Man. I'm really trying to dig more into it. I'm trying to find out every time one of our songs spin, I know we get like 0.4 of a penny. Like super small percentages. I'm trying to figure out why they get to play our music and shit, you know? It's just a weird time for me. I just feel like it's a lot of vested interest. Like I feel like people can doctor that shit up and they can have close relationships with the heads and make their shit just that much bigger. I'm still trying to really get a grasp on it.
Hell yeah, for sure. I still have to try to figure out what album-equivalent units are. It's so different from going into a store and buying a CD, how it used to be.
Yeah, I think about that often.
Do you look back on that era fondly?
I mean, yeah, for sure! Because it was more of the experience, it just seemed realer, you know what I'm saying? Like I said, now you can doctor your shit up and you can have the plug-in brands to boost your streams up and all that. And it's like that don’t mean your shit is the best to me. You know, I look at variety. You know how I said earlier in the conversation, like I almost think it’s unrealistic for somebody to make a whole Benny album and then also make a fucking “Flex” with Polo G, one of the biggest streaming songs of 2020. The people that produce on Polo G’s album, 9 times out of 10, they can’t make a beat for Nas. They can't make a beat for Benny and vice versa. Them n*ggas like Daringer and Alchemist, I can’t see them doing nothing for Polo G. That's why I feel like I cut it down the middle because I got Polo G his biggest streaming song of 2020 and then gave NAS a Grammy-nominated album. I feel like somehow that still not being honored on a level that it should, but it is what it is. That just to keep you working.
"I almost think it’s unrealistic for somebody to make a whole Benny album and then also make a fucking “Flex” with Polo G, one of the biggest streaming songs of 2020. The people that produce on Polo G’s album, 9 times out of 10, they can’t make a beat for Nas. They can't make a beat for Benny and vice versa. Them n*ggas like Daringer and Alchemist, I can’t see them doing nothing for Polo G. That's why I feel like I cut it down the middle because I got Polo G his biggest streaming song of 2020 and then gave NAS a Grammy-nominated album. I feel like somehow that still not being honored on a level that it should, but it is what it is."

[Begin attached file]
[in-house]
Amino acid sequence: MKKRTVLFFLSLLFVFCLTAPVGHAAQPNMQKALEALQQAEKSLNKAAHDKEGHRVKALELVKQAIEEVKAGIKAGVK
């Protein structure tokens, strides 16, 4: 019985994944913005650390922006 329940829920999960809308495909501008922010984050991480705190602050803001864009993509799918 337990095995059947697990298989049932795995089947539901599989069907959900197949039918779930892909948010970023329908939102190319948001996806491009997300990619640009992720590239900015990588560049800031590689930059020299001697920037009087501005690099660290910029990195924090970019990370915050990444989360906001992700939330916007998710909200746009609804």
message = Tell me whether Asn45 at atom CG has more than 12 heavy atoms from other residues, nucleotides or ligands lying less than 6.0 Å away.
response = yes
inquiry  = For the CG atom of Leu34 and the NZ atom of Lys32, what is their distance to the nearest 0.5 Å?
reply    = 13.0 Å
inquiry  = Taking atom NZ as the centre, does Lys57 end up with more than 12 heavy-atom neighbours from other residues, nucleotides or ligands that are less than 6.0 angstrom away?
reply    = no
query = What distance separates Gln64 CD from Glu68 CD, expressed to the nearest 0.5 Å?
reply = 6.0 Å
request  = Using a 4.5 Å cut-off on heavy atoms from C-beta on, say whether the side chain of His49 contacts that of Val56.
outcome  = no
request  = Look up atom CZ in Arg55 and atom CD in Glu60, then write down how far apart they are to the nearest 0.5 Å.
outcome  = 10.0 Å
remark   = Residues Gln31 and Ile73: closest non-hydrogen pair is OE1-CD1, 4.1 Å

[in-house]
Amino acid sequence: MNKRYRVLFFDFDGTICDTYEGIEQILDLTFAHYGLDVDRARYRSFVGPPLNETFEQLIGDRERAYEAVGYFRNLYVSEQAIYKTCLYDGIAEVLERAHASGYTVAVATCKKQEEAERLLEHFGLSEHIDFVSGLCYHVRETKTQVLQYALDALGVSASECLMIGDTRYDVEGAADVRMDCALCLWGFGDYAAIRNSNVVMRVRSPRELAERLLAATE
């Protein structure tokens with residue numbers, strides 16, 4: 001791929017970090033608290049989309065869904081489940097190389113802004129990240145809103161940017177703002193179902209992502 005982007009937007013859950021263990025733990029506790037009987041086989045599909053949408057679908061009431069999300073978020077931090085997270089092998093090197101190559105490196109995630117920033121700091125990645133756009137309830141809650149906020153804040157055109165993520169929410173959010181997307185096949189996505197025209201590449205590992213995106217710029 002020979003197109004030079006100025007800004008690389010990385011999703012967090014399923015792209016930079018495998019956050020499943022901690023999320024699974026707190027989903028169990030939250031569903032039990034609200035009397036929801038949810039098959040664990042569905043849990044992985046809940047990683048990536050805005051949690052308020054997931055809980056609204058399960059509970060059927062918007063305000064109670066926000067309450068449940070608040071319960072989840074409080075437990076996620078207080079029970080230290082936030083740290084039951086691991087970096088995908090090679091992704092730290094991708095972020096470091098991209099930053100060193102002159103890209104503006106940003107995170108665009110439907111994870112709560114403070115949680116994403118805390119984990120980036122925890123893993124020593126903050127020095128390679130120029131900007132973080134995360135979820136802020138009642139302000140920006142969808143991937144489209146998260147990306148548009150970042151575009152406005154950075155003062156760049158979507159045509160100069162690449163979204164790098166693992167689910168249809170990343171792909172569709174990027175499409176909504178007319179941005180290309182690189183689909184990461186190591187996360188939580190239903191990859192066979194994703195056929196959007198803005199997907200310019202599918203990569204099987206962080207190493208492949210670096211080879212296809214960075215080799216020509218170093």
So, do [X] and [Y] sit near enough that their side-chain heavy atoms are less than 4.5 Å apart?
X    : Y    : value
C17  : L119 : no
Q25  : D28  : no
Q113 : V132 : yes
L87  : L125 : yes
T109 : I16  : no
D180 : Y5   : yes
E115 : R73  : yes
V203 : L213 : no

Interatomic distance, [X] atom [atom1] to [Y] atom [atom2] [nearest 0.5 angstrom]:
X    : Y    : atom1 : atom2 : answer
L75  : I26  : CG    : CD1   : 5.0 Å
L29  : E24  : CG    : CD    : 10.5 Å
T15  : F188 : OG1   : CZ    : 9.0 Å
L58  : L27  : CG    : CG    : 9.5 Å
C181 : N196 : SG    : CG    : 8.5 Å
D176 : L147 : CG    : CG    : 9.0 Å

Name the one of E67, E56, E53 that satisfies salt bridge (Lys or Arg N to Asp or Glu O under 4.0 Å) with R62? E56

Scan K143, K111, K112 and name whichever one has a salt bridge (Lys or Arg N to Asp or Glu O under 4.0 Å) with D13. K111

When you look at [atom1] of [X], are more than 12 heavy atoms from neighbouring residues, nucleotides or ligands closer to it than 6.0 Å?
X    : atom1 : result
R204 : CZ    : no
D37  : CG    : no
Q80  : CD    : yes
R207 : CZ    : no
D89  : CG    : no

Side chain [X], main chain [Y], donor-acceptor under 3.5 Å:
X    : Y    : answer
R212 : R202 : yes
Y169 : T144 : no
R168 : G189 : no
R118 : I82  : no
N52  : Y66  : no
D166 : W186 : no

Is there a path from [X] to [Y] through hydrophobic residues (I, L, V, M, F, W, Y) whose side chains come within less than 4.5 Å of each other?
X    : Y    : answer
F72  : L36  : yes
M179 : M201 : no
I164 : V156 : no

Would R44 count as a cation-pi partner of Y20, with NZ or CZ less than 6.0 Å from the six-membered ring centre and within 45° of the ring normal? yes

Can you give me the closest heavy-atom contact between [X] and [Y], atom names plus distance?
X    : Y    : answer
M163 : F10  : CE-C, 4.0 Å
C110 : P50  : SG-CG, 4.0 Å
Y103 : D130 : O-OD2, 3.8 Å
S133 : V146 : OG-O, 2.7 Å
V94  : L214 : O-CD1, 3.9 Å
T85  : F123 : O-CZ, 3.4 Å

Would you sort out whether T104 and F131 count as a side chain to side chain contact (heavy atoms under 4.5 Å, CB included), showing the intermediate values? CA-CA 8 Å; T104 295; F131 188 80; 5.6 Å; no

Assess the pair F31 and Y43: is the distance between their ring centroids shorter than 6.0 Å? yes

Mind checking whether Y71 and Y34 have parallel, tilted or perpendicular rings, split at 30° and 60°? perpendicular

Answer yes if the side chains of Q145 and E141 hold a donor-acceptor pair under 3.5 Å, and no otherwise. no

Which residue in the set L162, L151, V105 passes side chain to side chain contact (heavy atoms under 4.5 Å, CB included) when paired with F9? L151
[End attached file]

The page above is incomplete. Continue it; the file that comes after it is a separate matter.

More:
That versatility deserves to be recognized. I think a lot of people are already starting to recognize that at least, you know what I mean?
Yeah for sure. I definitely see a lot more love and a lot more understanding for what I'm bringing to the game.
What are you thinking of trying to get done in 2021? Any big plans?
Shit, all big plans. I'm trying to go way bigger this year, you know what I'm saying? Take this shit over!
How has everything been on the pandemic level for you?
Well, I keep it simple man I'm at the studio or the crib nine times out of 10, so it’s simple. I got my son, I had a son this year.
I appreciate it. But that definitely kept me out the way, man. Working on music. It's been pretty easy for me.
I look forward to hearing everything you've got for next year.
Man. I appreciate you reaching out, man. I appreciate everything.